Marcom continues her examination of the Armenian genocide in her 2004 novel, The Daydreaming Boy. Here she looks at how the awful events in Armenia affected the survivors. Set in Beirut, Lebanon, the novel traces the life of Vahe Tcheubjian, who survived the massacre as a five-year-old boy and was shipped to Beirut, where he spent the next decade in an orphanage. Now forty-six and married, Vahe suddenly recalls his barbaric behavior in his childhood orphanage, and begins to recreate his own beast-like behavior as an adult. Similarly, Eleanor J. Bader, writing in Library Journal, considered the novel to be "insightful and haunting," though she also felt it would have "benefited from more historical scaffolding." A critic for Kirkus Reviews wrote that The Daydreaming Boy "isn't easy going." The same reviewer, however, concluded that it is a "brave undertaking, if only partially successful." A reviewer for Publishers Weekly nevertheless concluded that this second work is an "elegant, penetrating novel."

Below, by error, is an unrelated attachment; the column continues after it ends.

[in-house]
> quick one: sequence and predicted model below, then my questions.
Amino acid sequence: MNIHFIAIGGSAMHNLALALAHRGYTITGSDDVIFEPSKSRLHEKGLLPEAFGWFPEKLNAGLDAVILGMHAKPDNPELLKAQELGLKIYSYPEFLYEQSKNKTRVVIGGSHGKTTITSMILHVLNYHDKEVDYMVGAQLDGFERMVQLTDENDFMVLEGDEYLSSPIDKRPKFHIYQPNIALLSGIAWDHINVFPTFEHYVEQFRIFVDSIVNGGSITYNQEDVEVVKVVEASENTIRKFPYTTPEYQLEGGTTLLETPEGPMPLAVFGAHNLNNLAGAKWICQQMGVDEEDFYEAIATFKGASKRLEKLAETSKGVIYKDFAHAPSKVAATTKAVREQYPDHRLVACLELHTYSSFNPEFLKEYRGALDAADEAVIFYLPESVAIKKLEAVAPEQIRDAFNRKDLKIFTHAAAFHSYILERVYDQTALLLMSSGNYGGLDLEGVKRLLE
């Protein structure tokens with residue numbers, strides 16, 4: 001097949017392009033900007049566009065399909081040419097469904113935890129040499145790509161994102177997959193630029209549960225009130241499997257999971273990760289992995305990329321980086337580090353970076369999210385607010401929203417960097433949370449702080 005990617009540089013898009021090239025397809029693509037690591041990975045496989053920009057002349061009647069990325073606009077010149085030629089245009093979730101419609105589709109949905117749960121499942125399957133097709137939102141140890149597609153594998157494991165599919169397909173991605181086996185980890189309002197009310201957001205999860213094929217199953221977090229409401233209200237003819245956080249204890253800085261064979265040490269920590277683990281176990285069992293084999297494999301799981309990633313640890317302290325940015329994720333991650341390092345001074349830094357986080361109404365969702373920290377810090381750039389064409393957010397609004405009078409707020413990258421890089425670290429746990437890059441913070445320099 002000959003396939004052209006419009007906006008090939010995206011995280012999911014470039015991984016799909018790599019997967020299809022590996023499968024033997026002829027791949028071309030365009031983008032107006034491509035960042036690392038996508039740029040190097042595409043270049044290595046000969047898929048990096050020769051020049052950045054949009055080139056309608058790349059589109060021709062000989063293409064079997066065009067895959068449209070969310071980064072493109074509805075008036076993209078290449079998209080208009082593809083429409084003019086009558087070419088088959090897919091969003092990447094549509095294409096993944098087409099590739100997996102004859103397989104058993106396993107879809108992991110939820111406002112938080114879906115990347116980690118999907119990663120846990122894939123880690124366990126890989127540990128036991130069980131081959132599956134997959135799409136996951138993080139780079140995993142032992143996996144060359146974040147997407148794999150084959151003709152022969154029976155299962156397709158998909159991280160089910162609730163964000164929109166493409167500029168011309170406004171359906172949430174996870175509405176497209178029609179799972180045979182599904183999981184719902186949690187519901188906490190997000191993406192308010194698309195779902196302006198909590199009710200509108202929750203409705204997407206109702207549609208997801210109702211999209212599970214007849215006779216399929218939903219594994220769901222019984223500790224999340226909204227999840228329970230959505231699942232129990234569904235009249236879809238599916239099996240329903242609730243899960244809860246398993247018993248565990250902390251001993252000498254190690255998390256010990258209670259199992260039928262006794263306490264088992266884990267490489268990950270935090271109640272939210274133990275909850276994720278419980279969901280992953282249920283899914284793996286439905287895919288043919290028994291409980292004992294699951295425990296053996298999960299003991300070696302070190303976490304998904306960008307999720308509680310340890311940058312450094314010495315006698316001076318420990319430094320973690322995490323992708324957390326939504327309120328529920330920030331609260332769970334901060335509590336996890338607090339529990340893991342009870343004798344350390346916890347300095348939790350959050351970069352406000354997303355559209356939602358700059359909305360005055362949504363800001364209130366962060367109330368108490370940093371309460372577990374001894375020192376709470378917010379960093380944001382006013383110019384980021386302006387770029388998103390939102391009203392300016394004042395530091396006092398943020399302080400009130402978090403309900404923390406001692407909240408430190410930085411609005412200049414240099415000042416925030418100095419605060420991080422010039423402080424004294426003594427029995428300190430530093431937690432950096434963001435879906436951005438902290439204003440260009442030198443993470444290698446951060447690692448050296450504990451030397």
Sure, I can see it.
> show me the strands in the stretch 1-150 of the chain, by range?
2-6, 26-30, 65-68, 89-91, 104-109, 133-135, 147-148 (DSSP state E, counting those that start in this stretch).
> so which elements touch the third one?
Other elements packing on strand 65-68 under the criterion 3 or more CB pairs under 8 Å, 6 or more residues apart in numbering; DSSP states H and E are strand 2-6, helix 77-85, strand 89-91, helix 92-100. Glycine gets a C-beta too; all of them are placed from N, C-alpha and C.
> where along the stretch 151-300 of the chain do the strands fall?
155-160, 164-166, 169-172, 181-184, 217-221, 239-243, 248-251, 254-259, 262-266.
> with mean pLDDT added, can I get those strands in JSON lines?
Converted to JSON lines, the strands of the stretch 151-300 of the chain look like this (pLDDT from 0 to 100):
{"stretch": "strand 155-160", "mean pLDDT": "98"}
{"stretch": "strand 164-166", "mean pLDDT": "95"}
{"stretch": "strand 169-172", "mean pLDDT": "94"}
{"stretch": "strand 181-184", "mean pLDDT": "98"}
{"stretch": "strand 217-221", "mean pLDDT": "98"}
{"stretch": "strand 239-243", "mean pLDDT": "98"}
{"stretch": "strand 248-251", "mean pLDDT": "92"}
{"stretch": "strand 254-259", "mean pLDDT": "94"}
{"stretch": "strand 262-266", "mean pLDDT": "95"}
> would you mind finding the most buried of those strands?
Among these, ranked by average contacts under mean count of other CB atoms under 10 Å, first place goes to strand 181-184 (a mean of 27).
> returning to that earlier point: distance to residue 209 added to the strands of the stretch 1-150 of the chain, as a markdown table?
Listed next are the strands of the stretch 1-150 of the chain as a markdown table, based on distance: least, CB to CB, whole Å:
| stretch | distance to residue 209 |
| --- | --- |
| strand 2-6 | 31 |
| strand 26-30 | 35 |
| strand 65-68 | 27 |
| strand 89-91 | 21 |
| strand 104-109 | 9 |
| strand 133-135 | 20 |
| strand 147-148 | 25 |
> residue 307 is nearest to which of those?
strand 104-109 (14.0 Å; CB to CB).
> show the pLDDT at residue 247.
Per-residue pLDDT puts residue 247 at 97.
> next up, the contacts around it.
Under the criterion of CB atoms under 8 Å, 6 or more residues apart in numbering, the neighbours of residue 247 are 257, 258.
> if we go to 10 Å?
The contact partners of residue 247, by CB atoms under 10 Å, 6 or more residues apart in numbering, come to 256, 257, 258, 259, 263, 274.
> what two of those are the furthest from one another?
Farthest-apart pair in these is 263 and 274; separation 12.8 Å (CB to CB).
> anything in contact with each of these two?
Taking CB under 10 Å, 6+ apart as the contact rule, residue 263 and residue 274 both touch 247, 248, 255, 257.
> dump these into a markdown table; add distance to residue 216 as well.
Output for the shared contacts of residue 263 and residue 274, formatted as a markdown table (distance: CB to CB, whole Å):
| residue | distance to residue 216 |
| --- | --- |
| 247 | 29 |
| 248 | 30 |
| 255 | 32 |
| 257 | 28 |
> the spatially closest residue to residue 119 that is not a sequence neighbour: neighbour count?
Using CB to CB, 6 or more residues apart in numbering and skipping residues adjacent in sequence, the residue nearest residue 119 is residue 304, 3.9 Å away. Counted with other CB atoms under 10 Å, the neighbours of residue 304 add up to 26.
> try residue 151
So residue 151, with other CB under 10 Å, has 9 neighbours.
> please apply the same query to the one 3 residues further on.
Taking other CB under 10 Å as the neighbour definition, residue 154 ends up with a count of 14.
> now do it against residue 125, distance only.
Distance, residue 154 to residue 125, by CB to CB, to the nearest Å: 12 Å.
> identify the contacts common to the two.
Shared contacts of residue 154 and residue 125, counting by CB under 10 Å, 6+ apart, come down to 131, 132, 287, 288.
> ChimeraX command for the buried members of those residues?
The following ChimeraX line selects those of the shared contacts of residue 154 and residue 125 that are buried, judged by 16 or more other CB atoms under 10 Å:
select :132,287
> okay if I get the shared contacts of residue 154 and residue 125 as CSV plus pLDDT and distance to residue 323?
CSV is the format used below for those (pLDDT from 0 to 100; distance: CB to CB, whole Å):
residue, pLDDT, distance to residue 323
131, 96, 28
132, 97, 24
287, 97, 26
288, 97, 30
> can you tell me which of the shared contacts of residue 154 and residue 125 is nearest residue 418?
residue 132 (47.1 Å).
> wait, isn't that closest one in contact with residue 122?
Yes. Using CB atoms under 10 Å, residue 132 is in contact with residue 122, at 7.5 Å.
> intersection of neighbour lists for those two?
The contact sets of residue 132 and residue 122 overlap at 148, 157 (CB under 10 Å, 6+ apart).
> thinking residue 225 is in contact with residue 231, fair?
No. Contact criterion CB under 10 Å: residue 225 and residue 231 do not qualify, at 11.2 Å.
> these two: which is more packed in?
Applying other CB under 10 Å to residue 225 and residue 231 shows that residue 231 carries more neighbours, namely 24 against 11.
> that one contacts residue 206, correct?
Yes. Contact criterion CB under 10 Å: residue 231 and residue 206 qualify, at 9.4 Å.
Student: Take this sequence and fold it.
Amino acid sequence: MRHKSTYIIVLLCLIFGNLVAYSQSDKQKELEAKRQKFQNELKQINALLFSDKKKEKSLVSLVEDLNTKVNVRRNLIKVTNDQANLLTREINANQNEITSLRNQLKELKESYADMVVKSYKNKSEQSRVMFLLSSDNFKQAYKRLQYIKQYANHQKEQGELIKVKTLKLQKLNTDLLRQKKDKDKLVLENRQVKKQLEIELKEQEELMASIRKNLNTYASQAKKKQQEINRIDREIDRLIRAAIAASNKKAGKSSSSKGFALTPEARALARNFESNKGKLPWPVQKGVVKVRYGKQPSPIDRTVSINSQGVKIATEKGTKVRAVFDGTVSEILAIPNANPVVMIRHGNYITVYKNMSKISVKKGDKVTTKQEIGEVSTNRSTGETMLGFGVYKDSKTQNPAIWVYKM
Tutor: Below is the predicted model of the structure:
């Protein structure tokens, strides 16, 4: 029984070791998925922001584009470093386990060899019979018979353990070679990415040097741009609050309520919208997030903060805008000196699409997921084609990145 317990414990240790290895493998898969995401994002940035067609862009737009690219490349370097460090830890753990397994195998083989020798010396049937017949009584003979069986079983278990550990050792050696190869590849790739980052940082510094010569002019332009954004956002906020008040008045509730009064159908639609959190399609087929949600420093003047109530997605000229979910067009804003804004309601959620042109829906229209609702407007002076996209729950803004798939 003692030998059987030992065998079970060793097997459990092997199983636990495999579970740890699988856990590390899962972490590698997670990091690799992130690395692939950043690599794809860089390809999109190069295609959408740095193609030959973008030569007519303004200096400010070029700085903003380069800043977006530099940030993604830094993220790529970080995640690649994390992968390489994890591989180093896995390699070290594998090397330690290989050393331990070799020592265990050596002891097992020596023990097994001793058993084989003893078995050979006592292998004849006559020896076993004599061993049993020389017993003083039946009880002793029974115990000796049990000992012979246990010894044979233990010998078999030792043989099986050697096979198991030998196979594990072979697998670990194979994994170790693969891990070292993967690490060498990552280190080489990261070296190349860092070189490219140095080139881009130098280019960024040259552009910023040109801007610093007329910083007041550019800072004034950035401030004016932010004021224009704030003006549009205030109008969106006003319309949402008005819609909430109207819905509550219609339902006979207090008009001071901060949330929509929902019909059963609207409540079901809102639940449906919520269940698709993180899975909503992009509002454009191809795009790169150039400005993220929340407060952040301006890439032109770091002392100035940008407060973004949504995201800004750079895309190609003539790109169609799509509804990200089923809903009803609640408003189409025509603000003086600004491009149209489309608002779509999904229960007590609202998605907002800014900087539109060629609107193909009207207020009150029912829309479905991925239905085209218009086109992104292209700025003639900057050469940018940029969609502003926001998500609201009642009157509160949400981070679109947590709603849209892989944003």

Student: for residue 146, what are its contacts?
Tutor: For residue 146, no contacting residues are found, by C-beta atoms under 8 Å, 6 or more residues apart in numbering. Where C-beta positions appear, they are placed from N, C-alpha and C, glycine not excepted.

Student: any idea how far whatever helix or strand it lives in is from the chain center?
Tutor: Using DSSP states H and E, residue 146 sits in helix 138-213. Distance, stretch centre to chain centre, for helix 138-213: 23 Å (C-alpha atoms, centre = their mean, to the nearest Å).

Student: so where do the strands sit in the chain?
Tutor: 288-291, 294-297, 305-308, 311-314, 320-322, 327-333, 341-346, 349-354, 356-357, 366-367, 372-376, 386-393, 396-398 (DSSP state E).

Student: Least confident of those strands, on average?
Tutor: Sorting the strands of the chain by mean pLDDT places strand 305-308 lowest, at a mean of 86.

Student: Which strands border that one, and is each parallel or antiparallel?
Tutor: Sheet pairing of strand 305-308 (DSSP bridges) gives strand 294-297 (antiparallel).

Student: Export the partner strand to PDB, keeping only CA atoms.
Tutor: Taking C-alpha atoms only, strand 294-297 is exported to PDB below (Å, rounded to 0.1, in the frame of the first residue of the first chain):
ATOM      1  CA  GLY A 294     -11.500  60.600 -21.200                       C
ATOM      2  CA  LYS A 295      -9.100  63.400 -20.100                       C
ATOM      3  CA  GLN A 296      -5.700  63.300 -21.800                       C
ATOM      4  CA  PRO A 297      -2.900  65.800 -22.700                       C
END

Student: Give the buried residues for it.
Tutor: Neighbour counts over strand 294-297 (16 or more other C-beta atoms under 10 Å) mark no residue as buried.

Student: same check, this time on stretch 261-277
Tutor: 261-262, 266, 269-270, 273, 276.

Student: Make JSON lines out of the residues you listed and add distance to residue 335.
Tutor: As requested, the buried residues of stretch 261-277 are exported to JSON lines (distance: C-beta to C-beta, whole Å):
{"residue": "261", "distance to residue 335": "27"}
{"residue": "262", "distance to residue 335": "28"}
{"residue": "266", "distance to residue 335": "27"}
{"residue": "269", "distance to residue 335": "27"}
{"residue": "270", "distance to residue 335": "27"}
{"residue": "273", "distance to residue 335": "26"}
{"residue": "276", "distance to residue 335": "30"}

Booklist, March 15, 2001, Hazel Rochman, review of Three Apples Fell from Heaven, p. 1354.

Kirkus Reviews, March 15, 2001, review of Three Apples Fell from Heaven, p. 354; February 15, 2004, review of The Daydreaming Boy, p. 148.

Library Journal, May 15, 2001, Wilda Williams, review of Three Apples Fell from Heaven, p. 164; April 15, 2004, Eleanor J. Bader, review of The Daydreaming Boy, p. 126.

Los Angeles Times, July 6, 2001, Michael Krikorian, "Feeling Wronged, She Did Write; A Novel about the Armenian Genocide Is Infused with a Very Personal Perspective," p. E1.

New York Times Book Review, April 22, 2001, Margot Livesey, "Ghost Story," p. 26.

Publishers Weekly, March 26, 2001, review of Three Apples Fell from Heaven, p. 62; April 19, 2004, review of The Daydreaming Boy, p. 42.*

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Marcom, Micheline Aharonian 1968–